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Golf’s governing bodies have pledged to “bring the game along with us” after proposing a new local rule to give tournament organisers the option to require the use of a shorter ball.
Advances in fitness and golf equipment technology have seen players hit the ball further and further in recent years, leading to golf courses being lengthened in an effort to continue to test the world’s best.
The R&A and USGA said in February 2020 that they intended to “break the ever-increasing cycle of hitting distance” but admitted it could take years before solutions were found.
Since then they have been consulting the golf industry about the issue and on Tuesday announced the proposal of a Model Local Rule (MLR) that gives organisers the option to require the use of balls tested under modified launch conditions which will travel around 15 yards less.
R&A chief executive Martin Slumbers and USGA counterpart Mike Whan confirmed that the MLR would be used in their own elite events, most notably the Open Championship and US Open respectively.
However, speaking in 2021, Masters chairman Fred Ridley said a “Masters ball” would be a last resort in the battle to limit hitting distances, with the par-five 13th at Augusta National extended by 35 yards for this year’s tournament.
The PGA of America, which runs the US PGA Championship, has yet to comment, but Slumbers told the PA news agency: “As part of our consultation on this proposal, we sought the views of the other major championships and that has certainly shaped our thinking.
“Each of them will have to give their own view on this in due course but we will do everything we can to bring the game along with us on this.”
Whan conceded that the proposal would not be universally popular, predicting that the reaction would be split 50/50 between those complaining it has not gone far enough and those querying why it has been undertaken at all.
“There are going to be more than a few players, if not many, who don’t like this direction for obvious reasons,” Whan said. “They’re 25 years old, prime of their career, hitting the ball a long way, don’t mess with that formula.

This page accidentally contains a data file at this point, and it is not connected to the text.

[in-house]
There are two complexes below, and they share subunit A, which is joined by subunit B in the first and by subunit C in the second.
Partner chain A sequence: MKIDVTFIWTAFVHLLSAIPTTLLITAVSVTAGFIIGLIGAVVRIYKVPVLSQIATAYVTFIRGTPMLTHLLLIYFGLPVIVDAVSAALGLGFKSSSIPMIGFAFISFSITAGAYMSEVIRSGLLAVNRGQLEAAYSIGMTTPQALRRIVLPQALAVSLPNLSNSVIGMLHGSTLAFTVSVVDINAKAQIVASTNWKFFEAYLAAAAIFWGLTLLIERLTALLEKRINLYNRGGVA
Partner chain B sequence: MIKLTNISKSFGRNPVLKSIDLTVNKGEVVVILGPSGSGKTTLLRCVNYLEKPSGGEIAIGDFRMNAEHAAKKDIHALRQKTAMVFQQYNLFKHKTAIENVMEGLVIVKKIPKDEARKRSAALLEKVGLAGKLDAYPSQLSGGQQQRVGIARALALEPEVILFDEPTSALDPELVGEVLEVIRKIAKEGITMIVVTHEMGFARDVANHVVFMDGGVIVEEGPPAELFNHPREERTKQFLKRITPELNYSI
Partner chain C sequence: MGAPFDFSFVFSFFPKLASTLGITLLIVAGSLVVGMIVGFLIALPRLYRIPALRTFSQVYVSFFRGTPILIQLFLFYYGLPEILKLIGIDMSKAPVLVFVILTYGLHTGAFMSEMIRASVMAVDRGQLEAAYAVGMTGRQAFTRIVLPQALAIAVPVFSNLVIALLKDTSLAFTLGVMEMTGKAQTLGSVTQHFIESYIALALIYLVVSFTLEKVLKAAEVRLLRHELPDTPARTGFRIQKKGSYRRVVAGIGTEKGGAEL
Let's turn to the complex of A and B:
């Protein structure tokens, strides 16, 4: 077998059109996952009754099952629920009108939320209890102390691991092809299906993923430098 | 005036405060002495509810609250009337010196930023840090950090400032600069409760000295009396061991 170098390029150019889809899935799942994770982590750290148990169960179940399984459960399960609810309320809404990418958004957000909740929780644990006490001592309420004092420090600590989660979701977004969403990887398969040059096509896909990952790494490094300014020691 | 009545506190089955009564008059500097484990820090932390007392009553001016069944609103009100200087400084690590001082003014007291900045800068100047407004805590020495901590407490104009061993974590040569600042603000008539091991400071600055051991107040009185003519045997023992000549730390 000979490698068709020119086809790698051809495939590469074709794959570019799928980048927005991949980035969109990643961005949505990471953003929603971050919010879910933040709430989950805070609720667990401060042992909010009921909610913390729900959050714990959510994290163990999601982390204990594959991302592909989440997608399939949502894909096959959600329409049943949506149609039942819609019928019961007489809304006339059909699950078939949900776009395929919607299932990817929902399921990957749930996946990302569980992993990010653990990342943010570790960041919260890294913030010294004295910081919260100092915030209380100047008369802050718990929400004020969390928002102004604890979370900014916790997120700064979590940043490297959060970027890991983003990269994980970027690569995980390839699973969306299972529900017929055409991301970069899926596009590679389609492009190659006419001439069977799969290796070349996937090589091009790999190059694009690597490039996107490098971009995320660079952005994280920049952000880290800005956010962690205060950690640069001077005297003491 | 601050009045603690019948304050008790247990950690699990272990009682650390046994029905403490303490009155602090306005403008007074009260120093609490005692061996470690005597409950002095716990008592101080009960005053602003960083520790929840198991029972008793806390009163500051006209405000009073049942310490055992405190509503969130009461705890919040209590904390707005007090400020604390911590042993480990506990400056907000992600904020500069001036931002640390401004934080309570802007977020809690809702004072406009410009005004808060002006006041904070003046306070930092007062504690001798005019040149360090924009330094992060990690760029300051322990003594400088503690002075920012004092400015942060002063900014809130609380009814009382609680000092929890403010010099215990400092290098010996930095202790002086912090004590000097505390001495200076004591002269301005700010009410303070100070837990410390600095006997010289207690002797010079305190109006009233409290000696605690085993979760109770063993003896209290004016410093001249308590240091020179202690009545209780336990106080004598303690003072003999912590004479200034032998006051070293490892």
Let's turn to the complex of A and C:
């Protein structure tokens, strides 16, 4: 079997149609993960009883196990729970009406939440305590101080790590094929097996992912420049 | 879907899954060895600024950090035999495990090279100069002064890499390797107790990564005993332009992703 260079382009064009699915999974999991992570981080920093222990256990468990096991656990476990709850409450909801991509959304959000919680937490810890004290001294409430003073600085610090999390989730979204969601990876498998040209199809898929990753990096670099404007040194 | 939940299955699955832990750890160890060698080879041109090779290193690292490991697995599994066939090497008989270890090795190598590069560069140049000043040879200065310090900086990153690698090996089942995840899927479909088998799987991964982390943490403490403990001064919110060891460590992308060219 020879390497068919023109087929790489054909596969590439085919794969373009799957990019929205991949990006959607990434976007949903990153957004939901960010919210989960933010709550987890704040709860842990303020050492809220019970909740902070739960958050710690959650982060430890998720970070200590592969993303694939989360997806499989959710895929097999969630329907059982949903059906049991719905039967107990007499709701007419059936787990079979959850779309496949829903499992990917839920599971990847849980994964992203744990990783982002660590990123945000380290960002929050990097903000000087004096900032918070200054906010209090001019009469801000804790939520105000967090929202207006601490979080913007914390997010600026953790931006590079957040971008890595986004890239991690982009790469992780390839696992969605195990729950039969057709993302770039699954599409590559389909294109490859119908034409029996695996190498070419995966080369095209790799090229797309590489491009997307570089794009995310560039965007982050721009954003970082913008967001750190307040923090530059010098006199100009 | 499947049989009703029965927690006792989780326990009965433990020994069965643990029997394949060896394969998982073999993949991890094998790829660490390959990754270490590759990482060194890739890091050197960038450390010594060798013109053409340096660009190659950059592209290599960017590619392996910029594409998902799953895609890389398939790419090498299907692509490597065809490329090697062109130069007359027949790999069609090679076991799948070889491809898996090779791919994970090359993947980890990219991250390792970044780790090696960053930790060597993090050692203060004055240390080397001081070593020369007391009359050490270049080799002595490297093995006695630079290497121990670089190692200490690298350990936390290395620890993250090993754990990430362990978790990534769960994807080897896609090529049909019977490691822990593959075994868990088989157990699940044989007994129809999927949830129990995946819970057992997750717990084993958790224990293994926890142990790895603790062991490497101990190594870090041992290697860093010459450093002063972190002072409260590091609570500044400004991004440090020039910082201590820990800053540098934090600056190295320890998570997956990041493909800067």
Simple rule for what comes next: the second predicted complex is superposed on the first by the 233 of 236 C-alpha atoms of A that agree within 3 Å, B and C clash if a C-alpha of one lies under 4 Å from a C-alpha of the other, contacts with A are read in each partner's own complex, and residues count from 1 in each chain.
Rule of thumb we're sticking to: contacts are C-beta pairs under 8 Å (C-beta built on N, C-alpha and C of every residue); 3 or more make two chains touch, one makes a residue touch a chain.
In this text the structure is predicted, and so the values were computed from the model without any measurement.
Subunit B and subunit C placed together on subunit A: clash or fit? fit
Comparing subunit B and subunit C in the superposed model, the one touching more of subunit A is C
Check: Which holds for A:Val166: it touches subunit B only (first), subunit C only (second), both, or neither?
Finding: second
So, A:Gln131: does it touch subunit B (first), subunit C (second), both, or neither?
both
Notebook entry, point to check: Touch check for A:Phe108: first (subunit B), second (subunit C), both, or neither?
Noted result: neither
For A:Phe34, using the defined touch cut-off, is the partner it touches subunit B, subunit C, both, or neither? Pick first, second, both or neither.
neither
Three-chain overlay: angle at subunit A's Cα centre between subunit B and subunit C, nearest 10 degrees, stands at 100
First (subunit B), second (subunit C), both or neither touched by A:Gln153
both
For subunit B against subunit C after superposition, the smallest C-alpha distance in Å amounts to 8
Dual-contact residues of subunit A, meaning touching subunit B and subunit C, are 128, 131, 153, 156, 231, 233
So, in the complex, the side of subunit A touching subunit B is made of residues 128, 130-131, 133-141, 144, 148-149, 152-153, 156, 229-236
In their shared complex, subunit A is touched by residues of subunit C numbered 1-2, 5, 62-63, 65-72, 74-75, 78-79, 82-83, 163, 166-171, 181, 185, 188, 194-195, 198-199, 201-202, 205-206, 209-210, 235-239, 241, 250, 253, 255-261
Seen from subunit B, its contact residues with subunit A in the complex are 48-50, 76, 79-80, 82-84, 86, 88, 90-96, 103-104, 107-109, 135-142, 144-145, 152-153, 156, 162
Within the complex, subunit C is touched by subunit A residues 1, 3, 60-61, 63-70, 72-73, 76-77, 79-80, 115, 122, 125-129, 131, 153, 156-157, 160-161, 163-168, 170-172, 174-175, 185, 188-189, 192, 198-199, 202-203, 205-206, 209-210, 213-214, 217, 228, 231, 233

“I can’t argue with them, I’m not saying they’re wrong, but I also don’t think anybody’s asking them to think about what the game’s going to be like in 30 years.
“This won’t be easy. Governance is hard. People don’t like change.
“This isn’t going to be fun but these debates are good for the game and if anyone thinks these debates in the past haven’t reflected changes in what we’ve recommended, you haven’t been following the process very well.”
The PGA Tour said in a statement that it would continue its own “extensive independent analysis of the topic and will collaborate with the USGA and The R&A, along with our membership and industry partners, to evaluate and provide feedback on this proposal. The Tour remains committed to ensuring any future solutions identified benefit the game as a whole, without negatively impacting the Tour, its players or our fans’ enjoyment of our sport.”
David Maher, the chief executive of leading equipment company Acushnet, said in a statement that he believes the current regulations are “highly effective” and that the proposal “would be detrimental to golf’s long-term well-being”.
The DP World Tour said it would make comments directly to the governing bodies as part of the feedback process which runs until August 14.
The MLR is intended for use only in elite competitions and, if adopted, will have no impact on recreational golf.
Under the proposals, a ball struck at a laboratory-controlled swing speed of 127mph – up from 120mph – must not travel more than 320 yards.
The change is expected to reduce hitting distance by 14-15 yards on average for the longest hitters with the highest clubhead speeds.